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Settling in - distressed at home but not with us


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We have had a few children recently who, whilst settling in, have been playing and bonding, smiling and talking, whilst with us but been really upset at home. Could it be some processing of a growing awareness of one's world being bigger due to their cognitive development - or are we doing something very wrong?

Edited by Wildflowers
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I have been thinking about this one before replying.

My thoughts were also what age are they and what are they saying at home that suggests it's your provision.

Are parents saying they are not wanting to come but when they arrive are happy to go off and play.

Are the parents commenting on children saying I didn't want to do that today.

I would certainly be observing these children closely, how many is a few, are the activities pitched too high etc.

We have a few at the moment that are playing up on separation from the parent. One of which is seeing her sister do the same at school and replicating it at our provision.

Let's us know how this goes it's an interesting one.:)

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Thanks! (Couldn't fall asleep for many hours last night because of this. The parents sent me a mail last night to tell that they are removing their child because the child's "personality" had changed.)

It happens to 3 to 3 1/2 year olds. They are usually coming only two mornings or days per week, so not much continuity. All well-loved and cared for children from a secure homes. Usually have not been left before. Most easily distracted during the day.

I just wonder if there is, cognitively / developmentally, lots of processing that some children of this age (3 - 3 1/2) need to do when beginning to be away from their parents?

Our provision is a little more challenging to settle into for some because we spend each morning outside - they're not going straight into play with toys in the morning (though our two year olds do this to help with separation, older new ones help one adult with practical jobs). In the woods there are different levels of challenge, appropriate to each ability and we are available to support.

Some stop crying after a minute when dropped off, some have cried a little during the day during the first week or two, particularly at group times.

This happens to about 3 new children each year. (Our groups are small. Haven't yet counted how many new starters we have each year, for percentage.) It all gets rather dramatic...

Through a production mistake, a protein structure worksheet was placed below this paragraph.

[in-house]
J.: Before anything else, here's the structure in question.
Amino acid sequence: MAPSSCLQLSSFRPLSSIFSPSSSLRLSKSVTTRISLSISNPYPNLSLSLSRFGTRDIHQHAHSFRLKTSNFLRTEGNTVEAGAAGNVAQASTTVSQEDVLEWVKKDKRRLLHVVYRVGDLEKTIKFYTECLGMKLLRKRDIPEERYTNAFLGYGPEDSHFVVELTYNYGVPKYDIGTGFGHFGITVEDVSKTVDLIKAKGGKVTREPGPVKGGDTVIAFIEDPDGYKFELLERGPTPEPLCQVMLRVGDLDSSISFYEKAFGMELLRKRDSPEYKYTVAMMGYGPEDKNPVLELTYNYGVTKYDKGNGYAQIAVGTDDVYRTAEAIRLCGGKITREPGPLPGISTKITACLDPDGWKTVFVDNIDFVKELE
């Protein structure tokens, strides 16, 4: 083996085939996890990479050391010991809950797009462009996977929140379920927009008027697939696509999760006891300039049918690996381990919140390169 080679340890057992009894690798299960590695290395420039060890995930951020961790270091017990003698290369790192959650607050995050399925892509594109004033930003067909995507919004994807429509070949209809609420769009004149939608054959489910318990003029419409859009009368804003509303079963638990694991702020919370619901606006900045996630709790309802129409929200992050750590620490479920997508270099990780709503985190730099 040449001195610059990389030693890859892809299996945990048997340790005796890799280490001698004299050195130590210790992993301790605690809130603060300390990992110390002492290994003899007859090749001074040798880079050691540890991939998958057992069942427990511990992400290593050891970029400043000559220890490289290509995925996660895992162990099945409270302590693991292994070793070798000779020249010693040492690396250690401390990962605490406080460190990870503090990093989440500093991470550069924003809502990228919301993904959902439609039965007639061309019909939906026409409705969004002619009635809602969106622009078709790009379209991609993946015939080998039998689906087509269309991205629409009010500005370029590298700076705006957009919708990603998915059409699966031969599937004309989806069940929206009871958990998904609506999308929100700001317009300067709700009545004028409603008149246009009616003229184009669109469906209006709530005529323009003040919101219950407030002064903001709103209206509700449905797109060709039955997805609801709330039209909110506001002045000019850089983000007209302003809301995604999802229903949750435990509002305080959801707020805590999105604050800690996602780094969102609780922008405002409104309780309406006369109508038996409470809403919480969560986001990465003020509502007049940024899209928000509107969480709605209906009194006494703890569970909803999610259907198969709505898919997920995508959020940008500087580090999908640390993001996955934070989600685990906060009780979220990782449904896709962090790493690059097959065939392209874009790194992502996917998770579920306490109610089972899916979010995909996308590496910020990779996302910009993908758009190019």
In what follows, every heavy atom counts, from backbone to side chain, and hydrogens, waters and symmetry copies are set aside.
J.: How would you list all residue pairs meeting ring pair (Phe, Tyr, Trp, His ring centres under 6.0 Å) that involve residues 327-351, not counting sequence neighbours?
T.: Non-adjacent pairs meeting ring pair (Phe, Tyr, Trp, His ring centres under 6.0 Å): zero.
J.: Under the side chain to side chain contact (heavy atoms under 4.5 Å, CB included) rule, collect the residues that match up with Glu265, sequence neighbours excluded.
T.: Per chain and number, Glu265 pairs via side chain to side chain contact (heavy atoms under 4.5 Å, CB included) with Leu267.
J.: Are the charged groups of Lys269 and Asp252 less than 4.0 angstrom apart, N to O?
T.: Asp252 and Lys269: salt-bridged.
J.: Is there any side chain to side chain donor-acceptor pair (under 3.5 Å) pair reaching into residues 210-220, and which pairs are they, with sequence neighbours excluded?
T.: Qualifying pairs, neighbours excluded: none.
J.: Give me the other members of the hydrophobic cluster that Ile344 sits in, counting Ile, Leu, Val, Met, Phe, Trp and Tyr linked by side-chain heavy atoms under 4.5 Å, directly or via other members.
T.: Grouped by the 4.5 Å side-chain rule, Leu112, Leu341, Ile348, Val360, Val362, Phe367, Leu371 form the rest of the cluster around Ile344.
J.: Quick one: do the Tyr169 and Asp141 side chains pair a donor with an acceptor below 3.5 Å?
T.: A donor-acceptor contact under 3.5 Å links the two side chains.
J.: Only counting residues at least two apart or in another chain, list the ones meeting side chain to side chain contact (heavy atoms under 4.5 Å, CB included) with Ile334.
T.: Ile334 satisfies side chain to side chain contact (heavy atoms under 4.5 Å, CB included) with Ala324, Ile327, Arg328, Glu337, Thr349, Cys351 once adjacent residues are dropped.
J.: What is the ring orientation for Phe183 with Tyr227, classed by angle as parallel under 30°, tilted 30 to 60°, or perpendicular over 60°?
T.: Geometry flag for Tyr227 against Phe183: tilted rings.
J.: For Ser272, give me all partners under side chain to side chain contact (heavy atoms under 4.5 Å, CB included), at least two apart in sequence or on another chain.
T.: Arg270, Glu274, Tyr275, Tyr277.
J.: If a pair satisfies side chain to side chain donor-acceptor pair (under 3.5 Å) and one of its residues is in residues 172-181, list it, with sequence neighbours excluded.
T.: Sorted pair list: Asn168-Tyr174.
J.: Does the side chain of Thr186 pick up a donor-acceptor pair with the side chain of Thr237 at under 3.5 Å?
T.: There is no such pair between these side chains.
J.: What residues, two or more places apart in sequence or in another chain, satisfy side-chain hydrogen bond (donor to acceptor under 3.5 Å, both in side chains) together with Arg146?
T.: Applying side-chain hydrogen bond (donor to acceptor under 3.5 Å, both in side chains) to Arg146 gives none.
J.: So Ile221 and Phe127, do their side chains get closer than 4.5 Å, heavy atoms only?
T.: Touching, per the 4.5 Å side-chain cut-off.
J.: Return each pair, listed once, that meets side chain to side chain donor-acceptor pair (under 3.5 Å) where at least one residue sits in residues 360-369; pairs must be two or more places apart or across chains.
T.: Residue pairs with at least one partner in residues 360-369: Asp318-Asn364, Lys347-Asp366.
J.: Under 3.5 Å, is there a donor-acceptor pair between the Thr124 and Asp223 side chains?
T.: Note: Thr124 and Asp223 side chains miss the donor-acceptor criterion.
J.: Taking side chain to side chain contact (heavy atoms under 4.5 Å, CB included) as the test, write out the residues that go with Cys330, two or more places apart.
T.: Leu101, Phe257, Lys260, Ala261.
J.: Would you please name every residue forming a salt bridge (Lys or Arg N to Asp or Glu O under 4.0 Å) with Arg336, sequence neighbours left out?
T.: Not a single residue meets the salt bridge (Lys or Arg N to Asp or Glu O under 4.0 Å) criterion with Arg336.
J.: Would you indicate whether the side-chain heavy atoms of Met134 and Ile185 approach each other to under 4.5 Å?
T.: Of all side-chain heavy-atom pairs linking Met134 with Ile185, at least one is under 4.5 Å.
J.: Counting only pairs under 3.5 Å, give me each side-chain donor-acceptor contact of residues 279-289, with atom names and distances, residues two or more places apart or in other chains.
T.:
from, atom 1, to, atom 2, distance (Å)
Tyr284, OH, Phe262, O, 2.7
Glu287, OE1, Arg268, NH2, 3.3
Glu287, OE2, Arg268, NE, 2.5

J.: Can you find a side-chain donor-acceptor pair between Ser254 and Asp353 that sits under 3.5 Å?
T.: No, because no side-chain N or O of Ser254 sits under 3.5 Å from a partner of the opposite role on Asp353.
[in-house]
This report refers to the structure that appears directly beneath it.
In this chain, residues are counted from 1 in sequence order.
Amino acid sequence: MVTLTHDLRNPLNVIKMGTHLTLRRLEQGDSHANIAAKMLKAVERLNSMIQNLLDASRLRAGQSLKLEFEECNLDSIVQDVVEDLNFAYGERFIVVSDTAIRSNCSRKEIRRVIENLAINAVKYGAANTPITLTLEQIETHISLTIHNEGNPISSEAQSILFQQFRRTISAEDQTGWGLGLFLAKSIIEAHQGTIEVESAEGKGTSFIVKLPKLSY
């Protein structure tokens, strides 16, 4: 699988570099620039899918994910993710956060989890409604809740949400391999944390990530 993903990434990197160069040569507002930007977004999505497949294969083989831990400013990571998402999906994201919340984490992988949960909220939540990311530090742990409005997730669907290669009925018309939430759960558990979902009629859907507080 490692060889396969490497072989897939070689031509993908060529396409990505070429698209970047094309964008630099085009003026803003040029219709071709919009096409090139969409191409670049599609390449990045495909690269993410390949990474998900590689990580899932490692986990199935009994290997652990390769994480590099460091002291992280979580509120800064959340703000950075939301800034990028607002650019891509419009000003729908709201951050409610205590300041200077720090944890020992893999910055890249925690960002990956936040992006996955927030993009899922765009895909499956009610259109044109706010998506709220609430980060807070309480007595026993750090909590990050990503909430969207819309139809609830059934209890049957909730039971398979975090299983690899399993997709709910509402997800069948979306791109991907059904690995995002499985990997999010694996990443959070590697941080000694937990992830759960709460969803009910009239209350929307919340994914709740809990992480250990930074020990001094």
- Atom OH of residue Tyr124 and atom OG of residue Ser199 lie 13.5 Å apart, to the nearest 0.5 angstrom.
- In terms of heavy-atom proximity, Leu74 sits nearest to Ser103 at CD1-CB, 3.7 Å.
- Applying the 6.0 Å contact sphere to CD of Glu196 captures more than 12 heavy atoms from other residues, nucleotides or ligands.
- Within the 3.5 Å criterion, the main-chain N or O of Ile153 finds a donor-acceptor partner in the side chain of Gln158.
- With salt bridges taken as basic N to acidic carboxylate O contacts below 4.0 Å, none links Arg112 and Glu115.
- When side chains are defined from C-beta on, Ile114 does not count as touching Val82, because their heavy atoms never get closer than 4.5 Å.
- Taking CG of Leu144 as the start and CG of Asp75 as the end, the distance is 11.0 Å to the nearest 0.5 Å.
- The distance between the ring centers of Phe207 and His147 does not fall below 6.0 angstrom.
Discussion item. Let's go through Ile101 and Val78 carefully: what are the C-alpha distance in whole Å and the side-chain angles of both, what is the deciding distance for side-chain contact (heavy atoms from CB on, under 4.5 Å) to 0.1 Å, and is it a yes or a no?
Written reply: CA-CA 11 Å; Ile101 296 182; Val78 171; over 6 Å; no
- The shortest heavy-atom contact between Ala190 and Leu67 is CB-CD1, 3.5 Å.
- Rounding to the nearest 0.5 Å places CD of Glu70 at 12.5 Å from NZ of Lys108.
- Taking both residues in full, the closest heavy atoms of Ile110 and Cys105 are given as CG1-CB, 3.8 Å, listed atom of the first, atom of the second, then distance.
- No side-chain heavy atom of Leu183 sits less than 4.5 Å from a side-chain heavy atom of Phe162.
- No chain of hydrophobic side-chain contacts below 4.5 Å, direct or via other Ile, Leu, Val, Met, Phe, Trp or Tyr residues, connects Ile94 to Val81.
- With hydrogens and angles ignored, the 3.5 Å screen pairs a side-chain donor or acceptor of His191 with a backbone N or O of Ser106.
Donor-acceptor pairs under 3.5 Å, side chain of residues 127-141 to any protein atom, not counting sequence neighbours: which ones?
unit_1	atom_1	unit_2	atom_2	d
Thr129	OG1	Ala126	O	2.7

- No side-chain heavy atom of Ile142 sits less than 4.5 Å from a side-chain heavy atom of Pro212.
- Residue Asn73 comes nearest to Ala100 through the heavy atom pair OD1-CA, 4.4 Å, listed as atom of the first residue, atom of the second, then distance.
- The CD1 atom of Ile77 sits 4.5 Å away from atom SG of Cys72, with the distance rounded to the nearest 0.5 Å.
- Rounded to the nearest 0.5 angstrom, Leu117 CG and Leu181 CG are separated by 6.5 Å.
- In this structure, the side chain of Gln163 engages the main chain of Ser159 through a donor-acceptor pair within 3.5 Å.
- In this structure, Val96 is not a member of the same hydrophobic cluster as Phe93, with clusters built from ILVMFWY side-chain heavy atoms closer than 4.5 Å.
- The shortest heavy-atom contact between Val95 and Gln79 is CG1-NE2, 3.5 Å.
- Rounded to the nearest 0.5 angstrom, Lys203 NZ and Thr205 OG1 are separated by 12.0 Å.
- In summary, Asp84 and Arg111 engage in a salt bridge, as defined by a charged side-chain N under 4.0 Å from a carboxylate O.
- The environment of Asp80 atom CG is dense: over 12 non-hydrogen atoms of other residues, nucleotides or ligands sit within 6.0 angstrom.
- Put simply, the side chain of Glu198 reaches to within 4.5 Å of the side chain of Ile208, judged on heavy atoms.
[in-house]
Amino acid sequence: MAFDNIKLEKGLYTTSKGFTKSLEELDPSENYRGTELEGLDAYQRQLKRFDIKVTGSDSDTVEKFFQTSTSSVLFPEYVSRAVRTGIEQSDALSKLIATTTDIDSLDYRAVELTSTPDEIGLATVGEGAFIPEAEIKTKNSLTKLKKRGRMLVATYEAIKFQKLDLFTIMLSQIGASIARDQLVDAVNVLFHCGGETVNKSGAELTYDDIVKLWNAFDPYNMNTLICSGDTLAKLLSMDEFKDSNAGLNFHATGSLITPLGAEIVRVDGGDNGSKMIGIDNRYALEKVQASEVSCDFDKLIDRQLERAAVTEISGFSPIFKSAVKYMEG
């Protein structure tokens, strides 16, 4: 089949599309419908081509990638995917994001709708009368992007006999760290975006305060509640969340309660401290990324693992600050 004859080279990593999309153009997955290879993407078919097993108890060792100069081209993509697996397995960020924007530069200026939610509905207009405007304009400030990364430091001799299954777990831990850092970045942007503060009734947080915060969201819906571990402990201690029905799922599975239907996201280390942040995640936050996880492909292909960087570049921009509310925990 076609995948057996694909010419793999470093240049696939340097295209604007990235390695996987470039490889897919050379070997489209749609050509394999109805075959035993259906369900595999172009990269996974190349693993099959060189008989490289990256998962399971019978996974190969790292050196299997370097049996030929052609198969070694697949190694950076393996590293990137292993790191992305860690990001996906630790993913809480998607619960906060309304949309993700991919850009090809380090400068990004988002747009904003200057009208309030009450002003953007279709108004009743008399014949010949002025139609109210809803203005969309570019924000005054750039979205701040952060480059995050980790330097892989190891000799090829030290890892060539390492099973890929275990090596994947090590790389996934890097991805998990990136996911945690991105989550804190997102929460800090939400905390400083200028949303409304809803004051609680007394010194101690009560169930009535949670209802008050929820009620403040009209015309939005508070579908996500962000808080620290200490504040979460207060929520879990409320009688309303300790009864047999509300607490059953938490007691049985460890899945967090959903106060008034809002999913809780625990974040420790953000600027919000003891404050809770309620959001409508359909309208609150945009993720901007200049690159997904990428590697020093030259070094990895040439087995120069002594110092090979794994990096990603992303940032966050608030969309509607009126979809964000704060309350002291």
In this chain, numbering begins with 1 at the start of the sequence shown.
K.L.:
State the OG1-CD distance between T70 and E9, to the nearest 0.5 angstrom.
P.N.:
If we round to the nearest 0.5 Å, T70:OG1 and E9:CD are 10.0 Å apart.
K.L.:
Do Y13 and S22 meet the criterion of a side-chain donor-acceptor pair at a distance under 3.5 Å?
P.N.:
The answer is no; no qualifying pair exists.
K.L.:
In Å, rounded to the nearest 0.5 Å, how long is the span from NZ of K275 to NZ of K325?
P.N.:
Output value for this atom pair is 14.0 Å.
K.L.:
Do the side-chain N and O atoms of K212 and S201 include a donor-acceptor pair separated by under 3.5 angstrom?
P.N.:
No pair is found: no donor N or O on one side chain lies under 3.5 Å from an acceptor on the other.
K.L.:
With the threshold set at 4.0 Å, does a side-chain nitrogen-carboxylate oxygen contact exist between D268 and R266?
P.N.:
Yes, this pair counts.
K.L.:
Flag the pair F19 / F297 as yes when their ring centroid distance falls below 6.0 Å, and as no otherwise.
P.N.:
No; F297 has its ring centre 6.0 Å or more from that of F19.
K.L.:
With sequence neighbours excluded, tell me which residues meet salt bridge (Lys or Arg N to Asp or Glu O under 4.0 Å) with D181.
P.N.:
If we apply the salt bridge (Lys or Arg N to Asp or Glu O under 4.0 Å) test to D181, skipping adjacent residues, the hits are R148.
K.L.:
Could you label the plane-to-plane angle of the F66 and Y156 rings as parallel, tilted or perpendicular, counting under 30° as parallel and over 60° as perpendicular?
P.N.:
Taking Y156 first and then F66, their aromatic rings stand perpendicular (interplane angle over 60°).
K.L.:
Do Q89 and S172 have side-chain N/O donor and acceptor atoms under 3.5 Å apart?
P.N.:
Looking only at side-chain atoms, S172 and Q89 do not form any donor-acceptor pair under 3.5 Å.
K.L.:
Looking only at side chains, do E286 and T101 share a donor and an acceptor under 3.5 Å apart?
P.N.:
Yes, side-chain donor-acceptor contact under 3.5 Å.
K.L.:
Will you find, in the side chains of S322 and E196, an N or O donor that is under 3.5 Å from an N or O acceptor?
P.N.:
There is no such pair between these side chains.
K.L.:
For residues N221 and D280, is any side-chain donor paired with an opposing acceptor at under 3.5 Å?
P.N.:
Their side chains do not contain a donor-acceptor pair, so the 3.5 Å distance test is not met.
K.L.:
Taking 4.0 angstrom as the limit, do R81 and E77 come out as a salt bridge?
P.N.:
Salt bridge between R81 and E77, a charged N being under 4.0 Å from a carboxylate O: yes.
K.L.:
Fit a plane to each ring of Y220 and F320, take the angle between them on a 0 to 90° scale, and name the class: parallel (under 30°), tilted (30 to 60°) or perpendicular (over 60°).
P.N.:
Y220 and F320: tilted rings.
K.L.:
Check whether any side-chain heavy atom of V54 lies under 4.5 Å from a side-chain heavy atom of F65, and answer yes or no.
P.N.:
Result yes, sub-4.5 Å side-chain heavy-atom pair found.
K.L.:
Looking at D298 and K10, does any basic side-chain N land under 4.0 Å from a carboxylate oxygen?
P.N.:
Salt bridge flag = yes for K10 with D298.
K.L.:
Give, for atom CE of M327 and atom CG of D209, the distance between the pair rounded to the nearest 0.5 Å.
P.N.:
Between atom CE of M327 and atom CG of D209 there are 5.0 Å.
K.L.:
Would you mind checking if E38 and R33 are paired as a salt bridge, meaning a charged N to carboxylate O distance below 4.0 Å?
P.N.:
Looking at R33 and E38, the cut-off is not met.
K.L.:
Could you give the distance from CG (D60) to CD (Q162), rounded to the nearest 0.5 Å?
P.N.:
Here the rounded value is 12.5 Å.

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Could it be that these children perhaps are so secure in themselves that they are able to manage their emotions during the day and secure at home so that they express it all there, for example by crying and saying that they don't want to go to preschool? And, because they feel that their emotional expressions are 'allowed' and responded to by their parents they are able to be joyous whilst in the group? And perhaps because these children have a secure space to express their mixed emotions, they are less likely to develop psychological and behavioural issues? (The 'not wanting to go' may mean 'not wanting to leave' - to stay at home, not leave one's comfort zone.)

Edited by Wildflowers
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... and very attentive parents.

I just feel to powerless when hearing parents' struggles. It goes on for a few weeks. Naturally they worry. Some have removed their child.

We don't worry about the children though, as we see attachment to us, involvement with what is going on and cooperation with the group.

Edited by Wildflowers
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no words of wisdom except to say my 8 year old boy is exactly the same at school

to get him to school is a physically draining experience most days and yet according to the teachers (and I really believe them) he is a happy and hard working little boy when there and when he comes out of school he's very cheerful you wouldn't believe its the same child that I have the battles with in the morning.


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now how did i know to ask that question!!!?????

Boys are often very routine based...they like to know exactly what is happening and when. They like things to be in the same place, to know where to find them etc etc (read men are from mars!!)

Now this presents several issues for you

Firstly they do not come every day...so how do they know what day they come and what is going to happen?

Are they going to see the same people?

Are their friends going to be there?

etc etc!

There are several things you can try

Firstly get the parents to understand that this is normal for boys (especially) ...sorry a bit stereotypical!

Second ...can they increase their sessions (this will make them more secure)

Thirdly ...do you have a uniform? this is a trigger for them so when they wear their uniform then they are coming to see you

Fourthly ....try to get the parents to do a visual timetable at home (this can be stick men or sophisticated...whatever you like!)

this will 'map' their day so that they know what happens and roughly when (so get up/have breakfast/go to nursery/come home have lunch ) this should alleviate some of the fear factor.

It will take a bit of time///parents need to be really positive about coming to see you and what they are going to do after

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